The board of the International Cycling Union (UCI), cycling's governing body, has asked Lance Armstrong to return the money he earned by winning seven consecutive Tour de France races between 1999 and 2005. UCI is also demanding money back from other cyclists implicated in the United States Anti-Doping Agency's (USADA) recent report on the use of performance-enhancing drugs, but Armstrong has won by far the most; over those seven years, he took home nearly $4 million. "UCI is determined to turn around this painful episode in the history of our sport," UCI President Pat McQuaid said. "We will take whatever actions are deemed necessary by the independent commission and we will put cycling back on track."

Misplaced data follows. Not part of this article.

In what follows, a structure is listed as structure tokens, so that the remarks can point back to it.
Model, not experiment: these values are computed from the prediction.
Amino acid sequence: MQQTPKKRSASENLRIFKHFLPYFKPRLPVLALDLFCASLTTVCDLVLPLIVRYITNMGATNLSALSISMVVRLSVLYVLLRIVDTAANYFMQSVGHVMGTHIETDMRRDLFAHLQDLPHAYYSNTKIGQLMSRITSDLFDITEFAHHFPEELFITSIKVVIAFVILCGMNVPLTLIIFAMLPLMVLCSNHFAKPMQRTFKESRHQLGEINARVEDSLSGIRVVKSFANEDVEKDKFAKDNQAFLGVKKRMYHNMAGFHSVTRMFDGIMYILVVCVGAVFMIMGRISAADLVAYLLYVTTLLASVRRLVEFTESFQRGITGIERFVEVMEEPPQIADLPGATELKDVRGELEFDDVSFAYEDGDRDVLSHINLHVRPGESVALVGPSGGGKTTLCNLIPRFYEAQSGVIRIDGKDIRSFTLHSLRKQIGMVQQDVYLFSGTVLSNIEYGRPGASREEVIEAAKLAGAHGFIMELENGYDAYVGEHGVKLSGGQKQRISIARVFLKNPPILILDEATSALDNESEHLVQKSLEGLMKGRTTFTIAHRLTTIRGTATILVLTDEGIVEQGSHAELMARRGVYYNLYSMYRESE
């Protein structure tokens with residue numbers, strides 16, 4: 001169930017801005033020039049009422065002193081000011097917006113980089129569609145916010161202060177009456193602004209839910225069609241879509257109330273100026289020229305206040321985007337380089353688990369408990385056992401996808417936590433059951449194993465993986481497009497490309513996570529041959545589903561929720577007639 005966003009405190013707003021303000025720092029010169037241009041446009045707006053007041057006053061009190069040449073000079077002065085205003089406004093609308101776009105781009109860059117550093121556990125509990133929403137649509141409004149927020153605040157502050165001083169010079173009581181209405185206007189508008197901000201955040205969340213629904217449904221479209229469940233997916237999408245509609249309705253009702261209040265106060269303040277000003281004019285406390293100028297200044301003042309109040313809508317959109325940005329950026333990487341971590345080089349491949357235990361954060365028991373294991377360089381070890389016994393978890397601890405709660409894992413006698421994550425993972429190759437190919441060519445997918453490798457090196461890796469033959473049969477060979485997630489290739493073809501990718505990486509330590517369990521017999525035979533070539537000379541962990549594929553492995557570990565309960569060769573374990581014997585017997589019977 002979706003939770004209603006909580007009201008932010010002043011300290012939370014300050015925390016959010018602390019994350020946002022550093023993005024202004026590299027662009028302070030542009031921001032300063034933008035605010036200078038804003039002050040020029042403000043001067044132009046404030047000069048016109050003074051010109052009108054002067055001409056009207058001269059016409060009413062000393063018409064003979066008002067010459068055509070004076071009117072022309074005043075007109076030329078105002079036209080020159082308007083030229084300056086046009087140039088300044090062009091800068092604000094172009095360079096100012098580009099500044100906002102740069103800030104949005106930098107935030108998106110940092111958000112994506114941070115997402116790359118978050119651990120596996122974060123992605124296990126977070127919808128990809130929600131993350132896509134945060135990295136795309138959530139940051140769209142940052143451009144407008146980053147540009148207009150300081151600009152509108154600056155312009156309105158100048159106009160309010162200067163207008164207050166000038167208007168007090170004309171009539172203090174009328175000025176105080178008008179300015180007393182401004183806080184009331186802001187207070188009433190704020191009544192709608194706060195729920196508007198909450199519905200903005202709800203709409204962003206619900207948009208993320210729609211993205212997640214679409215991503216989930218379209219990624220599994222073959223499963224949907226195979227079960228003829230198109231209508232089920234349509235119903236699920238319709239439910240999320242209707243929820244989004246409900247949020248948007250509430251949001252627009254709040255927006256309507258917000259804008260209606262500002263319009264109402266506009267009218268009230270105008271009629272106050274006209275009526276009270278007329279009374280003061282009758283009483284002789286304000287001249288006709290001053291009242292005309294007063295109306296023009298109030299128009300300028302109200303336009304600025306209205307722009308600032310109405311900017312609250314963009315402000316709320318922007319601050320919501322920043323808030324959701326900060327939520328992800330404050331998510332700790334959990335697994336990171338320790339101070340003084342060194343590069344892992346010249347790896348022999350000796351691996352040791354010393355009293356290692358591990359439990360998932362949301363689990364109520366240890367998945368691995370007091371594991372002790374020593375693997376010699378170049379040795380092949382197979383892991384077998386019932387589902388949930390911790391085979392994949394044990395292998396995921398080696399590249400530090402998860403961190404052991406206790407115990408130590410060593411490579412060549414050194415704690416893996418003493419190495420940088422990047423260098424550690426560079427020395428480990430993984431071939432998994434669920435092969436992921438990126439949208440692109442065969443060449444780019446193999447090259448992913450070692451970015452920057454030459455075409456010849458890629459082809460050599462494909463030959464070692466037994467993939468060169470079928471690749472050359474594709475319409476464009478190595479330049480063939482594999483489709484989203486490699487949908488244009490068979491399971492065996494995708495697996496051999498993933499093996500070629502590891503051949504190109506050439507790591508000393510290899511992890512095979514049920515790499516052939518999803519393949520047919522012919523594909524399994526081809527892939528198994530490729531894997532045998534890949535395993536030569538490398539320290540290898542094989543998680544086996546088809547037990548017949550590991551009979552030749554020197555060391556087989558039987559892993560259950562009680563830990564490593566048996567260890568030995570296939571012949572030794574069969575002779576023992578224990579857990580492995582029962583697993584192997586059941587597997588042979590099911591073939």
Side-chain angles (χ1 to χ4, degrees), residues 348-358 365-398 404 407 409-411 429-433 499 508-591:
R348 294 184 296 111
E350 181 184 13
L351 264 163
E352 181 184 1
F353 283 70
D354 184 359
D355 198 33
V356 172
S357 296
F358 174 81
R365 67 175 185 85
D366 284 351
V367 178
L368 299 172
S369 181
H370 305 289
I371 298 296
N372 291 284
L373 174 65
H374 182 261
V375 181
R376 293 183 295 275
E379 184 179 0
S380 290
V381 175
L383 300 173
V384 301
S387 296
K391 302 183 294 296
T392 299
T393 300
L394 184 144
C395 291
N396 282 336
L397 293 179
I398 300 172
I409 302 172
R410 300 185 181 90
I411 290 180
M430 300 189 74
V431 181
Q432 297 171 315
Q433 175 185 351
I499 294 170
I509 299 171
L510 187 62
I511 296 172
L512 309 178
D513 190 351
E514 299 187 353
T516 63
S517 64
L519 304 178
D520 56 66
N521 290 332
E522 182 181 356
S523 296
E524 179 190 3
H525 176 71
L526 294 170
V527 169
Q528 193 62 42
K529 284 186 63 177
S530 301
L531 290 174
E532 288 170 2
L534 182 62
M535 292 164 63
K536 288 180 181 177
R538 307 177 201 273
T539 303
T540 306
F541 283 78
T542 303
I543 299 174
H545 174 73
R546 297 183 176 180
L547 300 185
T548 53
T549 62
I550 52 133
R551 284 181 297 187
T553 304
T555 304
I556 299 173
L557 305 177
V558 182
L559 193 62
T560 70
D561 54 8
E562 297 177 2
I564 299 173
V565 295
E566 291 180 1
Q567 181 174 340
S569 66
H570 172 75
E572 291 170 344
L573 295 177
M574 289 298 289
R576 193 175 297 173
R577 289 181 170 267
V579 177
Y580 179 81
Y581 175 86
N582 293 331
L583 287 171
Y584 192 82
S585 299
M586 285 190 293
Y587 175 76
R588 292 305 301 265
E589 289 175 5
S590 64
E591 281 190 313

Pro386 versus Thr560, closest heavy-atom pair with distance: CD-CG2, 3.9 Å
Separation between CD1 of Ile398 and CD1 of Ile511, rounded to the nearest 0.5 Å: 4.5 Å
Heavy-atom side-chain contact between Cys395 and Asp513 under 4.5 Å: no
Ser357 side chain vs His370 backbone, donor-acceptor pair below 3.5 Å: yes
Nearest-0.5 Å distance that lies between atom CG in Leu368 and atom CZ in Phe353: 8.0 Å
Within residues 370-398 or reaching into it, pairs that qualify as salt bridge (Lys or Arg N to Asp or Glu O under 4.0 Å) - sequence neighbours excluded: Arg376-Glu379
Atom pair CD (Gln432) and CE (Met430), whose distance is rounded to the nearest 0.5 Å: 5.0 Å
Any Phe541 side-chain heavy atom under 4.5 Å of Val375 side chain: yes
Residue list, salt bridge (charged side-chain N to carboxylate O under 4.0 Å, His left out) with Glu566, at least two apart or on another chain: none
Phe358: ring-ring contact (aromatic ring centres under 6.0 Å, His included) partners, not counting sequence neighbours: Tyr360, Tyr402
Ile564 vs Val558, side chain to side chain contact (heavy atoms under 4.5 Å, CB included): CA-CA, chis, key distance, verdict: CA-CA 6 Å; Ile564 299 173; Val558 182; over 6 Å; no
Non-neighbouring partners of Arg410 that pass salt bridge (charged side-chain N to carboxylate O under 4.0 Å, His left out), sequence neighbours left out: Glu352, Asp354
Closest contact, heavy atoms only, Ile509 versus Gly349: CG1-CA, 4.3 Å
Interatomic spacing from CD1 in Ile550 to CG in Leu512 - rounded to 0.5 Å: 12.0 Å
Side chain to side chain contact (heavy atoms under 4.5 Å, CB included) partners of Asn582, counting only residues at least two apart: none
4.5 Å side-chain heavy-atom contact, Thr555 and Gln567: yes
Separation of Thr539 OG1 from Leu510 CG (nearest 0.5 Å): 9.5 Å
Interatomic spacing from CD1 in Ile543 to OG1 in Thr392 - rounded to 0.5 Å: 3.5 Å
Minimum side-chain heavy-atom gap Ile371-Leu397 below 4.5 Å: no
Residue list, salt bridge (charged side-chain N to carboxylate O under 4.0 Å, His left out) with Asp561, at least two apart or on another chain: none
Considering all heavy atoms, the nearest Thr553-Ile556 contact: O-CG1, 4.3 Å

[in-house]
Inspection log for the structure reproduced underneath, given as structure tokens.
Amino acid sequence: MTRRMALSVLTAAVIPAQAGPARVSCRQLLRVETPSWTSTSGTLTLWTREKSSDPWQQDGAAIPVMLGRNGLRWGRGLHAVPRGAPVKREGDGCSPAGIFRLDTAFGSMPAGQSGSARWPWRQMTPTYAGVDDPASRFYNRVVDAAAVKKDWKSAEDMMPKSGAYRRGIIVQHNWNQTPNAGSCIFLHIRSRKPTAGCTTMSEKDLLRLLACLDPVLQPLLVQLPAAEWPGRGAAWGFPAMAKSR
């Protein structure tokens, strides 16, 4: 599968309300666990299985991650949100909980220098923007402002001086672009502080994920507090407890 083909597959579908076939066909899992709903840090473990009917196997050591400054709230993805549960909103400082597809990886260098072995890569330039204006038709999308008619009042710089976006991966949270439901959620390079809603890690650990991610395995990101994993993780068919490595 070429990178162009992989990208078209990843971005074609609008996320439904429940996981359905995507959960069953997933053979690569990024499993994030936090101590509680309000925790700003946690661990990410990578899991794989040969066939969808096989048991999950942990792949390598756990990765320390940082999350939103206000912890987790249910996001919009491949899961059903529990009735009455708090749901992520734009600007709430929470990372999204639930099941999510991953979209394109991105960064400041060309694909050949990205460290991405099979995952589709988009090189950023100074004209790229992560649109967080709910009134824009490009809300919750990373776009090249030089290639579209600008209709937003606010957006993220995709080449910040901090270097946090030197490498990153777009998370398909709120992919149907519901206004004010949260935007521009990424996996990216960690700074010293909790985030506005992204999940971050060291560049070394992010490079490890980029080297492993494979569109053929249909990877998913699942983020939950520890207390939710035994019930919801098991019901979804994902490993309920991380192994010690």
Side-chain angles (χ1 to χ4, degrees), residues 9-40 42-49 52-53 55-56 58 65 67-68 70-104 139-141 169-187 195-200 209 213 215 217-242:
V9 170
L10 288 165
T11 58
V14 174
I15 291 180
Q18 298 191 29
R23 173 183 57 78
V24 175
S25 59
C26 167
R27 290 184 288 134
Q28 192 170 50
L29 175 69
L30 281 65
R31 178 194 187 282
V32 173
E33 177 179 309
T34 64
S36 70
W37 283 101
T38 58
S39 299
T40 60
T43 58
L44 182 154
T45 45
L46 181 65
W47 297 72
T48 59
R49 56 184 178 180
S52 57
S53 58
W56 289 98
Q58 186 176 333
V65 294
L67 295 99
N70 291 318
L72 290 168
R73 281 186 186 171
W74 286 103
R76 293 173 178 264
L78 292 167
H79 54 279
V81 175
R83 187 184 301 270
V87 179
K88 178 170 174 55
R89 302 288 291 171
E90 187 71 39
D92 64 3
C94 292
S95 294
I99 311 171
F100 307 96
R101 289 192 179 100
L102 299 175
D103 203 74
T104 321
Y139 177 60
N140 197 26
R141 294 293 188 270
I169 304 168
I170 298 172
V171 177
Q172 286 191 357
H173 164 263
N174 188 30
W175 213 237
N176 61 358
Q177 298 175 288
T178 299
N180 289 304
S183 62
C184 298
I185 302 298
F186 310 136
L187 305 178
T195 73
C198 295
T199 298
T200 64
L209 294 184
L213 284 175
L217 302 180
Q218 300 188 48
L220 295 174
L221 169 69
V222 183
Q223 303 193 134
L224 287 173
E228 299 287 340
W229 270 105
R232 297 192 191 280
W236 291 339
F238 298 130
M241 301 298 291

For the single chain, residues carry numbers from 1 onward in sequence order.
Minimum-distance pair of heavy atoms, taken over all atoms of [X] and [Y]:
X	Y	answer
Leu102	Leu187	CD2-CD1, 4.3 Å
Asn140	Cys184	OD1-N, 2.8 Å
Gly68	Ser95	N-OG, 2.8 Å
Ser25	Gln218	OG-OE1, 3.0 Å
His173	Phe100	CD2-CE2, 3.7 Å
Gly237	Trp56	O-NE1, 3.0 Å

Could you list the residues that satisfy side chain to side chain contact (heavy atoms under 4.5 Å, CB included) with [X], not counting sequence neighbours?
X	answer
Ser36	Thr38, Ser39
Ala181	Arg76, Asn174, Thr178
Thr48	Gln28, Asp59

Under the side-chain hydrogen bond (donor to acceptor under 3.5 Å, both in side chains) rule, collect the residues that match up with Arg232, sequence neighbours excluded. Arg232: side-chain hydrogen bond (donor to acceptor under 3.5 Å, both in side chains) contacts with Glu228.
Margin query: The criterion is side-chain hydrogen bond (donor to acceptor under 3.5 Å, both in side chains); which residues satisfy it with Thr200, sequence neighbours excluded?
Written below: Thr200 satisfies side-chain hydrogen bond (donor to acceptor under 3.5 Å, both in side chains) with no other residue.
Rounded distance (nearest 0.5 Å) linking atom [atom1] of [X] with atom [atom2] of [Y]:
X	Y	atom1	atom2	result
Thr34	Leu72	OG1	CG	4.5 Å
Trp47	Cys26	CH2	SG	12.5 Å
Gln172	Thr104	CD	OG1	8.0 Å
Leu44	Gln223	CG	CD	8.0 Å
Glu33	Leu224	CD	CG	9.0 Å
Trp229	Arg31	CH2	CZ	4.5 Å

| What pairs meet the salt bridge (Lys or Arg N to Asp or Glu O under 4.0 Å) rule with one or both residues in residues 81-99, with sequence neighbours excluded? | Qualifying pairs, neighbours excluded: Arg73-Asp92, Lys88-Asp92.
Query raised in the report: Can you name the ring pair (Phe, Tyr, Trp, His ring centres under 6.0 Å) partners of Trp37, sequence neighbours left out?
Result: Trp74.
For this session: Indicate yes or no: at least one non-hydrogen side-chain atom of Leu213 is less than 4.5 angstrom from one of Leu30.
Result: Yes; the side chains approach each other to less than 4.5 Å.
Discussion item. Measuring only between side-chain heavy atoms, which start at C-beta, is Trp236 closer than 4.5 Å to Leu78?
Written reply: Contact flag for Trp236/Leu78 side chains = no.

Following its Friday meeting in Geneva, the UCI board also announced that it plans to appoint an independent body to investigate its relationship with Armstrong. This measure is seen as a response to incidents in the USADA report that implicate the UCI in Armstrong's doping. For example, "former Armstrong teammates Tyler Hamilton and Floyd Landis," the New York Daily News points out, "both testified that Armstrong had told them that he had tested positive for EPO at the 2001 Tour of Switzerland—and that UCI officials had agreed to ignore the positive test." McQuaid said that the Union has never accepted bribes.